First sighted in the United States at a New Jersey nursery in the early 1900s, the Japanese beetle (Popillia japonica) quickly adapted to its new environment. With no predators, a favorable climate and ample food, it has become a widespread pest in many U.S. states. Japanese beetle adults eat leaves, fruit, vegetables and flowers while the larvae favor underground turf roots. Identifying the adult beetle is simple because of its iridescent green coloring, coppery wing covers and white hair tufts along its body margins. The insect typically congregates in large groups on host plants. A variety of methods may be necessary to eradicate the pest from your garden.
Hand Removal and Exclusion
Japanese beetles can be picked off plants by hand and dropped into a bucket of soapy water. If an infestation is large, shake the plants over the bucket so that the beetles fall into it. Removing Japanese beetles frequently is essential because congregating beetles and the scent of damaged plants tend to attract more beetles. Apply fine mesh cloth or netting over valuable plants, such as ornamental perennials, during peak Japanese beetle activity. Bait and trap products marketed for Japanese beetle control may trap many of the pests, but nearby plants will receive increased damage from Japanese beetles. Therefore, avoid using those products.
Eliminating Japanese beetle larvae, or grubs, saves turf and prevents the development of more breeding adults. The C-shaped, creamy white, dark-headed larvae are prey for raccoons, skunks and rodents. Digging by animals along with dry, brown turf indicate a grub problem. Entomopathic nematodes are effective against the grubs. Soak a nematode sponge, available online and in garden centers, in 2 quarts of water. Pour the liquid mixture into a watering can or garden sprayer, and then dilute it further with 1 gallon of water. Use the solution to soak lawn with the nematodes, and keep the lawn moist over the next seven days.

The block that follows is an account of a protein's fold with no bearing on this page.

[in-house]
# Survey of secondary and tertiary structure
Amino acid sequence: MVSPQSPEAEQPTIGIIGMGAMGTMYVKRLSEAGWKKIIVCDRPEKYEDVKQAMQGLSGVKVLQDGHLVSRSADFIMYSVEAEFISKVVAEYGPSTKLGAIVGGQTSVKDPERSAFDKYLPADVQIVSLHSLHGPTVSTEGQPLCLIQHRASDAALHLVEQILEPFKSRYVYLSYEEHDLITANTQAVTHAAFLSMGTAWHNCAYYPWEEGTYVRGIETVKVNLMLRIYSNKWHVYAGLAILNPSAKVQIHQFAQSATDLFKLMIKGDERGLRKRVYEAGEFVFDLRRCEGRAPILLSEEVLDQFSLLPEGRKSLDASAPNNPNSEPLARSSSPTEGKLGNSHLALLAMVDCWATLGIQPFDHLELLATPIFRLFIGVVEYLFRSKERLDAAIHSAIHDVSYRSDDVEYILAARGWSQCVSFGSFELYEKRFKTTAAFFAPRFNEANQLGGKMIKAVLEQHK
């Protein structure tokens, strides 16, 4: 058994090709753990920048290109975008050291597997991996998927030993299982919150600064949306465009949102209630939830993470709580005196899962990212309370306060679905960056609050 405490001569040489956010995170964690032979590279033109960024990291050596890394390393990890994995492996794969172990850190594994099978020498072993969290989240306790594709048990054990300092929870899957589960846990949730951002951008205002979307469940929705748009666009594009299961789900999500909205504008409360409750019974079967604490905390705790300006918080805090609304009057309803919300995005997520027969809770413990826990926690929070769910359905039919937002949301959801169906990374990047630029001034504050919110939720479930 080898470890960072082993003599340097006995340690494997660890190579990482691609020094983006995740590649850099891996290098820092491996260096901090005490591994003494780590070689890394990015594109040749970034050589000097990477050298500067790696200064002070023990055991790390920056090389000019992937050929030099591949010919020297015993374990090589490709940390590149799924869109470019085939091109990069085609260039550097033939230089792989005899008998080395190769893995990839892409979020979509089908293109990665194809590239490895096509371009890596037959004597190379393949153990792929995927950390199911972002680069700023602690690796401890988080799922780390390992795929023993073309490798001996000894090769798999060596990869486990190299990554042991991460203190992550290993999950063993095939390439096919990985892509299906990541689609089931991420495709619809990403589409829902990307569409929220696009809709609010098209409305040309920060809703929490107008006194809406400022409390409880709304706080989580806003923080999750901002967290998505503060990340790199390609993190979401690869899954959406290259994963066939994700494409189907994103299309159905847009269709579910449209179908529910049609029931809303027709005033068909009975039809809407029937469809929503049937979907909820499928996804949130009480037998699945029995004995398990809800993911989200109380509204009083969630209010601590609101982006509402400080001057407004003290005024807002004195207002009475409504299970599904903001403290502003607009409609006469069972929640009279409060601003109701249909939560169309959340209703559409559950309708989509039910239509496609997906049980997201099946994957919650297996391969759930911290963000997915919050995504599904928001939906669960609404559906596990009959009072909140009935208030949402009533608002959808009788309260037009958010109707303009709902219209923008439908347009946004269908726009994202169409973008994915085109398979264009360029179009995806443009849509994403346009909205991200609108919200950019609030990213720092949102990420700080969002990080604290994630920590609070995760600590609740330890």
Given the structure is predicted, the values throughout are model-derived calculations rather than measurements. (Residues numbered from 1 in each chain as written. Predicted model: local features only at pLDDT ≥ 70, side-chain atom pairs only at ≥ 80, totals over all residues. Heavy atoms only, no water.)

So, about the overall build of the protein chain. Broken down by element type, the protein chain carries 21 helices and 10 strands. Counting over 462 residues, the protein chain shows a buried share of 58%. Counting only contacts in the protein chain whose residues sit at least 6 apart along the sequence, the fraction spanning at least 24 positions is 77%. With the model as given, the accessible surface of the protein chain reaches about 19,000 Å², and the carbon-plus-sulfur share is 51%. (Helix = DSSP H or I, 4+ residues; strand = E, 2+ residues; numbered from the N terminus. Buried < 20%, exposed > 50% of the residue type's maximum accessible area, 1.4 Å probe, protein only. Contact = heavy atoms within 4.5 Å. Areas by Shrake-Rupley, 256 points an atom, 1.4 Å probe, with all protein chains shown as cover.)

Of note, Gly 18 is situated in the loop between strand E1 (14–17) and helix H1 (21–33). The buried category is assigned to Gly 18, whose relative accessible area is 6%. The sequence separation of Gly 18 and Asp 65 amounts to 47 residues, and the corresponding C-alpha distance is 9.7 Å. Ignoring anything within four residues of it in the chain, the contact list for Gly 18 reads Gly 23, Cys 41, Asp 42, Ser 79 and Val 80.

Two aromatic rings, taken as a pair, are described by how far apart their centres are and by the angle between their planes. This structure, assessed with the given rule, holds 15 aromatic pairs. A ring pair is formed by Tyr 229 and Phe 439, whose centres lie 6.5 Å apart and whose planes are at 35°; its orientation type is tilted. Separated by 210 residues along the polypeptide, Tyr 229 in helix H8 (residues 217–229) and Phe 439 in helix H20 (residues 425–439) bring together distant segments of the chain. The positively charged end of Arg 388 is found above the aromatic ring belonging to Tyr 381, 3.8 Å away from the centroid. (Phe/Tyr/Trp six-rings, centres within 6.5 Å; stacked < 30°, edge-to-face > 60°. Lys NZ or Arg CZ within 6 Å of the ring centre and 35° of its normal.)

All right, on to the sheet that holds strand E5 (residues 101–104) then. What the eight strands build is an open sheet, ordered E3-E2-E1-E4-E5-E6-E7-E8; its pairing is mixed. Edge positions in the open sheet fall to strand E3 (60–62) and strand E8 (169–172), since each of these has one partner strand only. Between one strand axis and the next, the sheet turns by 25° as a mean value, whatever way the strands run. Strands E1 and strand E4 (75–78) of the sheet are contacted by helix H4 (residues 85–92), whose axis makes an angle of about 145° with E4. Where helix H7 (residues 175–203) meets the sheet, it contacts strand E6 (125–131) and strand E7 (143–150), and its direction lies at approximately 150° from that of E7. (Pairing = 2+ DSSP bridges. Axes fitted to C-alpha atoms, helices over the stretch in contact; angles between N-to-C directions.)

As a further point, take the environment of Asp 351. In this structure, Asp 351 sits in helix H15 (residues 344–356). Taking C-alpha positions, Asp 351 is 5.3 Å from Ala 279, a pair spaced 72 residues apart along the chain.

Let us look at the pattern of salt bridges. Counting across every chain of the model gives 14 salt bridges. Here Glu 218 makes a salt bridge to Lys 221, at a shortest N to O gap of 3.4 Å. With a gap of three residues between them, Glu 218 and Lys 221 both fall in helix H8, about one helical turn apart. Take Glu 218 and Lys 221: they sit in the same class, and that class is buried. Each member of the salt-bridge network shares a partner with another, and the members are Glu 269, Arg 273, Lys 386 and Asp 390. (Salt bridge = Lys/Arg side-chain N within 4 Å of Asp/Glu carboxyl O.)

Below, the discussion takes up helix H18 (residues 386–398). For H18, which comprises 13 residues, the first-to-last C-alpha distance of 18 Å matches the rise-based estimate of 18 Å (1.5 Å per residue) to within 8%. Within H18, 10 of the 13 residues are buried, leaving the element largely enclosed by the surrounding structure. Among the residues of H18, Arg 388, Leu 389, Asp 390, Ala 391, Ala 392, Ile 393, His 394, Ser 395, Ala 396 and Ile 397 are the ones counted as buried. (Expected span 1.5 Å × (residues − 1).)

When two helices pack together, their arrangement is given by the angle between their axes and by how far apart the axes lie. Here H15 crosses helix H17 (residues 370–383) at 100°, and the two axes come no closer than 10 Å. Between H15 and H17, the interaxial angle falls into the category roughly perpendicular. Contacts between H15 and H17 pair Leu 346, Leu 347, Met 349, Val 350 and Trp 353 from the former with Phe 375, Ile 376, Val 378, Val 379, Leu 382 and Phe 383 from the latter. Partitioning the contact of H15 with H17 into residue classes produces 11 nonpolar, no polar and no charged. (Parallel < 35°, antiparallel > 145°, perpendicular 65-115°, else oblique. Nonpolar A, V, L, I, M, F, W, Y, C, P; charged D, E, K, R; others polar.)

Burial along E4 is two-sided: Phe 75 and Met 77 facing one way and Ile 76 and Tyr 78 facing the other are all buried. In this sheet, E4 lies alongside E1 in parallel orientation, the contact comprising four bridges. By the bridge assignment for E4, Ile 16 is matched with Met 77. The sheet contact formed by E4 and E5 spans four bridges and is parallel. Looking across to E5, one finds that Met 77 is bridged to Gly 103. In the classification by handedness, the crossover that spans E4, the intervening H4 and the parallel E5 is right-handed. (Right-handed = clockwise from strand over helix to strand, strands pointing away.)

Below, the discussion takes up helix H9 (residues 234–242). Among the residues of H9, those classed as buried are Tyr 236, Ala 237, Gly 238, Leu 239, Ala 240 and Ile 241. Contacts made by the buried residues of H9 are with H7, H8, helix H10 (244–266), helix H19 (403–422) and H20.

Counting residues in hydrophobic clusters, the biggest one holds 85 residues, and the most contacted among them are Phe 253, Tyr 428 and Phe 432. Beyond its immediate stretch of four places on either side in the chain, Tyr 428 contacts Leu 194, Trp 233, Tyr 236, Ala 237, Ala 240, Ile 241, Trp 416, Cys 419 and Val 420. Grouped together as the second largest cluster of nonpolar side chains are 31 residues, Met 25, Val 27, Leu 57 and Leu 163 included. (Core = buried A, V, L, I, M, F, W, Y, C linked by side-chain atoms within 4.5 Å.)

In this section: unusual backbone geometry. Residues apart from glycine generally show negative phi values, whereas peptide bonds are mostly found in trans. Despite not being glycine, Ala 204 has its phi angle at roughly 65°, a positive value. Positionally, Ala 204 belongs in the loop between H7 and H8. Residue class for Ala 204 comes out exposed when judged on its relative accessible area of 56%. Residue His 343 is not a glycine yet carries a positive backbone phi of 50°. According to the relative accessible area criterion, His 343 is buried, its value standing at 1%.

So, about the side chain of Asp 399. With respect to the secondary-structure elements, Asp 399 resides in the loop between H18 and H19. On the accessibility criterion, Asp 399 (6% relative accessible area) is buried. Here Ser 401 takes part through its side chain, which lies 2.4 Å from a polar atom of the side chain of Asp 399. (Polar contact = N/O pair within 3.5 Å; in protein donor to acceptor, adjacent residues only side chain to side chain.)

Pyrethrin insecticide can control adult Japanese beetles. It is derived from certain flowers and has an immediate effect on the insects' nervous systems. Although pyrethrin is safe for plants, mammals and birds, it is highly toxic to aquatic organisms and non-targeted insects, particularly honeybees. Prepared pyrethrin sprays are available from garden centers and should be applied on non-windy days in the evening, when bees are inactive. Shake the pyrethrin spray bottle well, and use its contents to soak all plant surfaces where Japanese beetles are present. Prevent the insecticide's contact with skin, eyes and clothes.
You may inadvertently attract Japanese beetles to your garden with your choice of plants. Although you can't easily remove and replace established trees, you can avoid introducing Japanese beetles' favorite plants in your garden. Fruit tree species in the Prunus genus, such as bird cherry (Prunus avium) and wild plum (Prunus americana), which are both hardy in U.S. Department of Agriculture plant hardiness zones 3 through 8, are preferred by Japanese beetles. Roses (Rosa spp., USDA zones 2 through 11, depending on the variety) are another favorite of Japanese beetles. Ornamentals such as magnolia (Magnolia spp., USDA zones 3 through 10) and lilac (Syringa vulgaris, USDA zones 3 through 7) are alternatives because Japanese beetles rarely damage them.